Talking to (and teaching) children about the Los Angeles riots

Apr 25, 2012

One of a series of photographs taken by photographer Gary Leonard and his fourteen-year-old son, David Leonard, during the Los Angeles Riots, 1992. Credit: Gary and David Leonard

A sizable number of Angelenos weren’t even born when the riots occurred 20 years ago. For them it’s old news – scratch that, it’s history. Given that it’s not easy to have a substantive conversation with children about abstract concepts like violence and racism, how does one begin to teach or talk to kids about what happened in 1992? How are schools teaching the lessons of this defining event to the children of people who witnessed it firsthand?

The Los Angeles Unified School District does not have a set curriculum in place to teach this portion of L.A.’s history, but we’re guessing that many Patt Morrison listeners and individual educators have their own approaches. Join us with your comments and questions as we talk with photographer Gary Leonard and his then fourteen-year-old son, artist David Leonard, about their unique experience photographing the events in the weeks between April 29 and May 9, 1992, as well as several educators who teach the riots in their classroom.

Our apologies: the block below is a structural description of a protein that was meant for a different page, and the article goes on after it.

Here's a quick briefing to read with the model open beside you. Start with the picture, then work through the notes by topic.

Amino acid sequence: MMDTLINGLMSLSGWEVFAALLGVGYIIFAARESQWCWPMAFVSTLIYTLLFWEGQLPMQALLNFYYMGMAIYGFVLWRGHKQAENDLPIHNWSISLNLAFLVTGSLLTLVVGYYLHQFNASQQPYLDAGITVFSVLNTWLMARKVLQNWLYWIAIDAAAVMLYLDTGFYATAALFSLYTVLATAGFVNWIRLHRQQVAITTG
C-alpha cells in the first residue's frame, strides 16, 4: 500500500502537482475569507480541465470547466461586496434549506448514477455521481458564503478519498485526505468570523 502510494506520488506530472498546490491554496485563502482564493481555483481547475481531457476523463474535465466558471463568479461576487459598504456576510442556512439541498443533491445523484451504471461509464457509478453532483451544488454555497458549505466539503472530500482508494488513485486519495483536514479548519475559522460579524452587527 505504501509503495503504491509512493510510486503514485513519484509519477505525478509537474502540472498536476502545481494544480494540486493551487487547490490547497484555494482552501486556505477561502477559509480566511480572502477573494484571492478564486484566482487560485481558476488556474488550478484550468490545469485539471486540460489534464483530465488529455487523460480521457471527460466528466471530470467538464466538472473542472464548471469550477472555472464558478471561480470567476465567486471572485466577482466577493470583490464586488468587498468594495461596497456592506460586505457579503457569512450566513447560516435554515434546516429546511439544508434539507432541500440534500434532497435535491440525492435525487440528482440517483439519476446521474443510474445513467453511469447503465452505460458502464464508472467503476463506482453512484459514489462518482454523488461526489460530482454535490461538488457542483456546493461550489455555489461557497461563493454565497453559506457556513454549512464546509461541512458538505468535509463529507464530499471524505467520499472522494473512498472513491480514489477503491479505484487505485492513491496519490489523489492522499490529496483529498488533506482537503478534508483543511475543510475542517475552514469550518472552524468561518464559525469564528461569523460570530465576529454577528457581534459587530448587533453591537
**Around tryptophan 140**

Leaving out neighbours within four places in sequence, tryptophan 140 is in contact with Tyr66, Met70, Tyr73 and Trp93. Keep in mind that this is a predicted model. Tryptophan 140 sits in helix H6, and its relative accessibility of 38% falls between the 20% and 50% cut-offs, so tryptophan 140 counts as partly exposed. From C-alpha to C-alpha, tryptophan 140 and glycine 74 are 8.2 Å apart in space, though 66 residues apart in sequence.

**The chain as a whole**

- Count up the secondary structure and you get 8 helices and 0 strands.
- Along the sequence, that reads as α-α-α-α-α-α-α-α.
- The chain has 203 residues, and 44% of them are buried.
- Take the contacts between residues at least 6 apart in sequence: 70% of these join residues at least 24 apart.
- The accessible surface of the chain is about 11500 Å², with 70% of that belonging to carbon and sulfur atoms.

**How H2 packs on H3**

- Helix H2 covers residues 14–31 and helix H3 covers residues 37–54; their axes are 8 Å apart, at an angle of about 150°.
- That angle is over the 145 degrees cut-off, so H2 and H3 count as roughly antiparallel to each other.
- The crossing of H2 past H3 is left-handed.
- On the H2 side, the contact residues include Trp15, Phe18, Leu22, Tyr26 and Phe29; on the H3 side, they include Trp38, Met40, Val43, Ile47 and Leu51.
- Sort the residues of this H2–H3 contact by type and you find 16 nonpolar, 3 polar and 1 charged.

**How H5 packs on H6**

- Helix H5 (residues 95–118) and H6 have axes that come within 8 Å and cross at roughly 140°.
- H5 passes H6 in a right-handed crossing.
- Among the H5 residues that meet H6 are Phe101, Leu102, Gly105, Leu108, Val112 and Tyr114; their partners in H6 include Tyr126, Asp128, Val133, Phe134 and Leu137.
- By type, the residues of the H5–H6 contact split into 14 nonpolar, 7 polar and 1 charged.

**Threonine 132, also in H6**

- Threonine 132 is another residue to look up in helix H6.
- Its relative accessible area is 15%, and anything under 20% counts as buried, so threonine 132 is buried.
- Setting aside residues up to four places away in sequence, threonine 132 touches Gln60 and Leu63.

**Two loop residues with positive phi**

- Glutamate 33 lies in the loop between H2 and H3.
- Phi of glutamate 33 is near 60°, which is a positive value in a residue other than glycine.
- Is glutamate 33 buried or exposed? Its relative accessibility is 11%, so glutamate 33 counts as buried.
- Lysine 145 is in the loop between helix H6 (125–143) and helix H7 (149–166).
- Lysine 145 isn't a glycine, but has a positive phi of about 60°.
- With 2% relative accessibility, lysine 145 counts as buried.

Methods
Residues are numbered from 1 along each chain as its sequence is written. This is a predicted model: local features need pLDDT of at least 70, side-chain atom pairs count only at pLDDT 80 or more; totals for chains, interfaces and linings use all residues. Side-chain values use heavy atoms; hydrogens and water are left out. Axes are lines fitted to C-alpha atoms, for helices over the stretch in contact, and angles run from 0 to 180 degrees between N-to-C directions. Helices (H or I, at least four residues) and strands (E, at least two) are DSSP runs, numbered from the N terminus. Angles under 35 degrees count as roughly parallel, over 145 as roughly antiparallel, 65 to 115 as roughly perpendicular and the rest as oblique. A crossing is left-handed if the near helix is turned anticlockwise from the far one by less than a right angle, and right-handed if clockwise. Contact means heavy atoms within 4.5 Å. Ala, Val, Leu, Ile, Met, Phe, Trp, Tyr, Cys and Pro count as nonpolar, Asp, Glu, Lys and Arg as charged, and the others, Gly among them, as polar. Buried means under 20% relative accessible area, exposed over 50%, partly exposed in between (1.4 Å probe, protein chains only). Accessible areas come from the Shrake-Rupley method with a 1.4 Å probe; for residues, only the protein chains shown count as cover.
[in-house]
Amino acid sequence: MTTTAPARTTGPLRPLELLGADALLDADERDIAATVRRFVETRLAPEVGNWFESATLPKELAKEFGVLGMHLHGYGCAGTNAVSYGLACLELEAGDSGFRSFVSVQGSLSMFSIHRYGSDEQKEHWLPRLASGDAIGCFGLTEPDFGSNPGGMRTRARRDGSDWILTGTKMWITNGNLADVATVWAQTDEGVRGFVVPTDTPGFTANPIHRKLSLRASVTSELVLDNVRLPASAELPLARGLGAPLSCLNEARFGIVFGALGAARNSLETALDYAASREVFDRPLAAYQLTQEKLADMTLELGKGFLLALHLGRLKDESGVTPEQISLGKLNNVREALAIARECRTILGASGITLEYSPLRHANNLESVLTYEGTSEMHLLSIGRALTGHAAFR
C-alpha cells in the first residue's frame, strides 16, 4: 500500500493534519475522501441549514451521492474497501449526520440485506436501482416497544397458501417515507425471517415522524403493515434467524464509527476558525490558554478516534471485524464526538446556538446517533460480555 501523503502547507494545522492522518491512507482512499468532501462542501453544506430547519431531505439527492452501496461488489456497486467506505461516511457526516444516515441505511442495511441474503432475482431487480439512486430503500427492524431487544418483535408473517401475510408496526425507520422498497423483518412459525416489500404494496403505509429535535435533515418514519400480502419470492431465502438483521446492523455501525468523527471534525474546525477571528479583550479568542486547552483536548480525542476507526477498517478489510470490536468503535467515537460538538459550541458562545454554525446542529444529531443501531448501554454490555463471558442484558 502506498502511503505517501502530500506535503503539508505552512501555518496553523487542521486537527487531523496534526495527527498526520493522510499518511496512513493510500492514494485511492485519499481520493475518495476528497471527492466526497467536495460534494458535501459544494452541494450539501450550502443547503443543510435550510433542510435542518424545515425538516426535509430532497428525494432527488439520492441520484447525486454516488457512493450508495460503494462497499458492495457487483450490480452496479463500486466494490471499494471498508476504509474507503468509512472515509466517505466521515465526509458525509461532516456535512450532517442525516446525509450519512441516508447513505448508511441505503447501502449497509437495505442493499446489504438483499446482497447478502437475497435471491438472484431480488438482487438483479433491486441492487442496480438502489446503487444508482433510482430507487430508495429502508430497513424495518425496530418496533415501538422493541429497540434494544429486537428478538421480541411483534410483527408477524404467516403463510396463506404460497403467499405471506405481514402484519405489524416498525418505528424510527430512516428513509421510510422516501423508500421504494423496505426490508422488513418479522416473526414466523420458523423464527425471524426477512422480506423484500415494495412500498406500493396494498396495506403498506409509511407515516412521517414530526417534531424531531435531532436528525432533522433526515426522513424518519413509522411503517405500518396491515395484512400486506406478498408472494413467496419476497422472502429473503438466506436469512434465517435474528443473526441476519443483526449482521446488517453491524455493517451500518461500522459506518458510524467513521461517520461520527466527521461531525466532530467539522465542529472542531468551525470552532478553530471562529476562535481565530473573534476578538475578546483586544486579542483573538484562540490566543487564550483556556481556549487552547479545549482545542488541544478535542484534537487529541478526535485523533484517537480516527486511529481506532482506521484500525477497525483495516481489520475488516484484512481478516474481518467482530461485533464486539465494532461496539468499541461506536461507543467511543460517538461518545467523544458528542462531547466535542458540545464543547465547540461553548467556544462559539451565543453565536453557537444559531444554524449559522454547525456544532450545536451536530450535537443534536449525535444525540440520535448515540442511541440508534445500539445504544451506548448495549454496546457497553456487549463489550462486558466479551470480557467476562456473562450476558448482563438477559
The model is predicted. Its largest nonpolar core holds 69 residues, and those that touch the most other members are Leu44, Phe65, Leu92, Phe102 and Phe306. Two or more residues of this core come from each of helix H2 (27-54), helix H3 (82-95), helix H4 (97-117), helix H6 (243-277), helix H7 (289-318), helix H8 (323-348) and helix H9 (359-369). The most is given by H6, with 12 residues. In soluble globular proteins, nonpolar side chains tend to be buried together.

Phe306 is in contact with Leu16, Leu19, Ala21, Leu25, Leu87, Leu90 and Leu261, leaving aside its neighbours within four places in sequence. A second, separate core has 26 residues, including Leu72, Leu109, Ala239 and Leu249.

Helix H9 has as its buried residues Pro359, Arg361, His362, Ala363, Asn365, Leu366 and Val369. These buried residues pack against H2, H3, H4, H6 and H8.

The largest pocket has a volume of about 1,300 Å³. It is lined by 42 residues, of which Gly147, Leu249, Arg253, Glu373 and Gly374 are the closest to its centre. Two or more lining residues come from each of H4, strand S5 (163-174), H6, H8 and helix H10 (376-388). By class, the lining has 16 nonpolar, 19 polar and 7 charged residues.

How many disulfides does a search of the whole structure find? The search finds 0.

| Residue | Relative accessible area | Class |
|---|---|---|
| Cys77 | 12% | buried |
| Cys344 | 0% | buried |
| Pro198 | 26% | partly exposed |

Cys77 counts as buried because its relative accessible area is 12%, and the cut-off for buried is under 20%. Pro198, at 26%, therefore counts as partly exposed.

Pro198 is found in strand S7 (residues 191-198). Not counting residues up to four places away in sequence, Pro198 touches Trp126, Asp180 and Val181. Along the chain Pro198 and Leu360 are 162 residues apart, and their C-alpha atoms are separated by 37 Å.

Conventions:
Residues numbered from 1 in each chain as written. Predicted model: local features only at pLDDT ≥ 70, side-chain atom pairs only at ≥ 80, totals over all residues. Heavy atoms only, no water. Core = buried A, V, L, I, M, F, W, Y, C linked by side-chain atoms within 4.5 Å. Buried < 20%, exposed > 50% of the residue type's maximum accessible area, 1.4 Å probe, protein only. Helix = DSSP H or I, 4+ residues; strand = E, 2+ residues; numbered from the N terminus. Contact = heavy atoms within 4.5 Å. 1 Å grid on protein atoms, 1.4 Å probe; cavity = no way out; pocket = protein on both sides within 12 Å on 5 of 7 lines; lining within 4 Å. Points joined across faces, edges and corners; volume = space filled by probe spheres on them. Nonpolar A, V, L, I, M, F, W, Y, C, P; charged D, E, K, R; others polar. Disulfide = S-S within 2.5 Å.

On April 29 from 12 to 5 p.m., Gary Leonard and his son, David Leonard, will display works as part of “Parker Center,” their LA Riots retrospective at the Take My Picture gallery in Downtown Los Angeles.


How do you remember explaining what was happening to your children at the time? How do you explain it now? If you were a child or teenager, what do you remember understanding?


Gary Leonard, photographer; director, Take My Picture Gallery; columnist, LA Observed; father

David Leonard, media artist, photographer, and son

Jerry Freedman, AP U.S. History teacher, LA County High School for the Arts

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